What is an io game? What does io even stand for? Am I an io game? Are you an io game?
Look, definitions are tricky. Maybe it’s just me but I’m kind of an “I am not a number, don’t label me with your labels, man” kind of person. But, categories do serve a function and while they sometimes are too claustrophobic or too laissez-faire, it is safe to say that games in general and io games, in particular, can be neatly defined.
To avoid any confusion before we get started, we should be clear that an io game doesn’t need to have the .io domain at the end of its name. The .io domain is just the country code top-level domain for the British Indian Ocean. Much like how Canada uses .ca or India uses .in. The two first and biggest io games --Agar.io and Slither io-- both used .io as their domain of choice, so, it became the de facto standard for similar games and eventually morphed into the name of the genre.
No one knows for sure why io was chosen as the domain, but it’s probably because most .com domains like Agar or Cell have already been scooped up and io is also an abbreviation for a bunch of different tech terms like Input/Output, Information Operation, or Information Object. You know how much coders and nerds love their jargon. Face it, io just sounds cool. Remember, io games are a genre not a domain and we publish many games that don’t have the .io domain attached to their name.
So, we know where the name comes from and what io doesn’t mean, but, what defines an io game?
The most comprehensive definition of an io game we’ve come up with is that an io game is a free to play, browser-based, casual game which has a multiplayer component, very few mechanisms, and minimalist graphics. This definition may sound broad but if you use it as a checklist when evaluating a game, the truth becomes clear.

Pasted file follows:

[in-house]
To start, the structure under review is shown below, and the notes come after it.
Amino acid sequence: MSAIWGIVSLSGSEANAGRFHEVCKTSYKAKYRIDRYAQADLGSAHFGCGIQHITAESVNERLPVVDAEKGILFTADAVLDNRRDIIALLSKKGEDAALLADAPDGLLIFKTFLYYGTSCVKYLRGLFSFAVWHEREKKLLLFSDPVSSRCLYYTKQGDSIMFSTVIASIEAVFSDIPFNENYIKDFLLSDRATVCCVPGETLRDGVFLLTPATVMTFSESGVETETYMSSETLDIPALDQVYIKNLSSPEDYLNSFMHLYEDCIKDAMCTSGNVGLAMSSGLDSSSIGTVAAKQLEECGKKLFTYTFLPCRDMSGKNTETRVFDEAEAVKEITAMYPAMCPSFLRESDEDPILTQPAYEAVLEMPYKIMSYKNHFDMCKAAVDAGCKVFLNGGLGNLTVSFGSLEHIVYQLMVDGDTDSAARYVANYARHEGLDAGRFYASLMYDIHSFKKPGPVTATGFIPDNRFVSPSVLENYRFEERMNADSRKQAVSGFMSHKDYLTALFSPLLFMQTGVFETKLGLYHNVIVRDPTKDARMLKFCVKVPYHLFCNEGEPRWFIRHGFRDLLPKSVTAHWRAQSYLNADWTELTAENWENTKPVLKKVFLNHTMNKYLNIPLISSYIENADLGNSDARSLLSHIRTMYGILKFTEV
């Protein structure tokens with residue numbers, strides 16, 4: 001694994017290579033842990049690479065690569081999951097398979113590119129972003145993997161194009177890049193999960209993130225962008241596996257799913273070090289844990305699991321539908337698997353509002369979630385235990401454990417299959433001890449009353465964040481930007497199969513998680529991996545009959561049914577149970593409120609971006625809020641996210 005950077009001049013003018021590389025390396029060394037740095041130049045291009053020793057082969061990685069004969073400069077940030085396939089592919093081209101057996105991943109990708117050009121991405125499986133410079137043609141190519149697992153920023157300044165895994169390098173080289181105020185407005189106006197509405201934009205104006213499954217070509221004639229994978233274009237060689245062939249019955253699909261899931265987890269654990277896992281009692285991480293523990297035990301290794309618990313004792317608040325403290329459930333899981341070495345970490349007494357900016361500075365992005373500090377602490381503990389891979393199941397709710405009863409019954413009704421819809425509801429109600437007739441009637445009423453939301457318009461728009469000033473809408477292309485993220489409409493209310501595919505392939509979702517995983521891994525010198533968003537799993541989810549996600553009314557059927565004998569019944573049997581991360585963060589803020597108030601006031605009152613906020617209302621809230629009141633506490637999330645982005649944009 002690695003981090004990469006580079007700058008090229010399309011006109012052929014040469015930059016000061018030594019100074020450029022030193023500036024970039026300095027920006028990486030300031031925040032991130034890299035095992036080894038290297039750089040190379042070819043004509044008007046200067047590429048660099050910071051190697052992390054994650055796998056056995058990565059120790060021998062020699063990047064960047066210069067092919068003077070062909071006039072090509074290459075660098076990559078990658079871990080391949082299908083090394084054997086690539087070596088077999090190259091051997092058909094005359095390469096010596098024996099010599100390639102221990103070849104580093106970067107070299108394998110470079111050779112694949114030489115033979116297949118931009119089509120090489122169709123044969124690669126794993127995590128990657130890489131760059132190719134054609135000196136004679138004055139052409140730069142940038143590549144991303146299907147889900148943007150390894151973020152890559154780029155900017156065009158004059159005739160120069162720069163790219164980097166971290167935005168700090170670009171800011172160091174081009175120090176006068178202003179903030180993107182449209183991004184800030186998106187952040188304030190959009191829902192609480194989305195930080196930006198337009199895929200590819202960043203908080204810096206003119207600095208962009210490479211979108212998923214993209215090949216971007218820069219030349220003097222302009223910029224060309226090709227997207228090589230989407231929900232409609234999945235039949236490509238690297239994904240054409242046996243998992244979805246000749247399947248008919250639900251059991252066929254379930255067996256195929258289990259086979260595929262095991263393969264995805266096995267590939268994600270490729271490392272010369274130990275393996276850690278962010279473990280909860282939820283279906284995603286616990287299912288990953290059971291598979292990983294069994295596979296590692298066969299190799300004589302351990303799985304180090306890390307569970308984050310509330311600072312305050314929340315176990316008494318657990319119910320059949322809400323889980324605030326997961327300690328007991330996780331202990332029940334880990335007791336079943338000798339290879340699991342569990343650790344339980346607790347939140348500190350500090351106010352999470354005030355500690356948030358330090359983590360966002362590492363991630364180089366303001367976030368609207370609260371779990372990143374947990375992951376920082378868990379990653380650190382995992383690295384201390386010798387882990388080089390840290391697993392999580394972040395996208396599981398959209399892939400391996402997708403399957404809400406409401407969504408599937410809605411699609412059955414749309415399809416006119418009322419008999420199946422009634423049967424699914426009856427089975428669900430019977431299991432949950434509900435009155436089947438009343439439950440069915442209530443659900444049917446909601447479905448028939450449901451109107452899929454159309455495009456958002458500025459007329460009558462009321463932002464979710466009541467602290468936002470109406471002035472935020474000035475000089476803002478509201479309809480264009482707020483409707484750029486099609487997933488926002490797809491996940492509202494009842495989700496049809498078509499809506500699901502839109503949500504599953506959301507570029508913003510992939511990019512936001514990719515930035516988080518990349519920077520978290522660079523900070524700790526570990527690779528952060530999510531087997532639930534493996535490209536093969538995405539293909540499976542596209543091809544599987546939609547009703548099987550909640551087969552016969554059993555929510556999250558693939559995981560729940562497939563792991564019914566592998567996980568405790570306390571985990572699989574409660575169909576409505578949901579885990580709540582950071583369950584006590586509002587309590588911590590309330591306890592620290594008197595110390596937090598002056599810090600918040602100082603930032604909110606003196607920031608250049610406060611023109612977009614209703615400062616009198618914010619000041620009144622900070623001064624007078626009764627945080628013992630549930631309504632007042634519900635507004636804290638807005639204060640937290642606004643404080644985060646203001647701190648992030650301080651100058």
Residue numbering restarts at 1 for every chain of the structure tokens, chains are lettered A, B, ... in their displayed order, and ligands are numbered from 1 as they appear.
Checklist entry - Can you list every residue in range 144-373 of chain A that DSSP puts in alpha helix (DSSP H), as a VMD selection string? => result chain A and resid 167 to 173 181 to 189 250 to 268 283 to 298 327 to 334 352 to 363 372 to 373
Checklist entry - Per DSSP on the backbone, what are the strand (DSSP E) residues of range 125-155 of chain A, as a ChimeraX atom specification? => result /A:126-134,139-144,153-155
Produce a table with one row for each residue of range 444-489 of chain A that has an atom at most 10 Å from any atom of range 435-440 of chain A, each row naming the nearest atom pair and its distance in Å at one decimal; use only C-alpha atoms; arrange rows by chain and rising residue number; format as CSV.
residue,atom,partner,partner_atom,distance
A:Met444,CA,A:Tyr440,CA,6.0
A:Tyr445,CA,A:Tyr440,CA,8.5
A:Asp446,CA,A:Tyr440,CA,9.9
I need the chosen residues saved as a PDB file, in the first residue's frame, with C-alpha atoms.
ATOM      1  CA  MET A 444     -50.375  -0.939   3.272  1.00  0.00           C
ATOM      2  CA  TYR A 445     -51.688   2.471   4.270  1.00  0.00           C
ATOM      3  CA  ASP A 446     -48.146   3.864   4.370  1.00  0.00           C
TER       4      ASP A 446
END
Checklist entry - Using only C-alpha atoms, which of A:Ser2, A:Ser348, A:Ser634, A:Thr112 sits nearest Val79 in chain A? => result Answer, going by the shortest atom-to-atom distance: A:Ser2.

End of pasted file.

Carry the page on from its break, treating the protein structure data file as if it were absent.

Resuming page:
For example, there are a lot of multi-player games out there but they aren’t free. There are a lot of free games out there but they aren’t browser-based. There is a lot of browser-based games out there but they aren’t multiplayer. It isn’t the seven individual features I outlined earlier so much as those features in combination with each other.
The only one of these seven features which can maybe be stretched a bit is the part about graphics. While 2-D minimalist graphics were a hallmark of early io games, we’re seeing a lot of 3-D games showing up, especially those of the First Person Shooter persuasion. But to be fair, in a world where photorealistic console games are the standard, even the pixel bit animation of most io games would be considered minimalist. It’s all about perspective.
It’s also worth noting that io games are not the first big desktop gaming revolution. Let us not forget the glory days of Flash. But alas, Flash was a particular, proprietary program. One which had to be downloaded and installed. And by the end, Flash games had graphics that looked like cartoons, complex strategies and campaign modes that chewed up your memory and spat it out. io games are also not the first multiplayer games available online. Massive Multiplayer Online games had been a staple of the internet for years, tracing their roots to Ultima Online in the mid-90s.
Again, the real innovation with io games was that the games themselves wouldn’t require the user to download any proprietary software or programs, would be free to play, and something you could pick up without reading complicated rule sets. Ultimately the true hallmark of an io game is that they are all basically battle royales. It turns out once you have the ability to connect players from around the world into a single room, the first and only thing anyone wants to do is blow each other up.
We’ve been aggregating what we consider to be the best of the available io games out there and we’re sharing them with you in our new io games section. We hope you like them as much as we do and maybe you’re even inspired to make your own! Either way, keep playing and feel free to let us know how you feel about io games, addicting games and just gaming in general.
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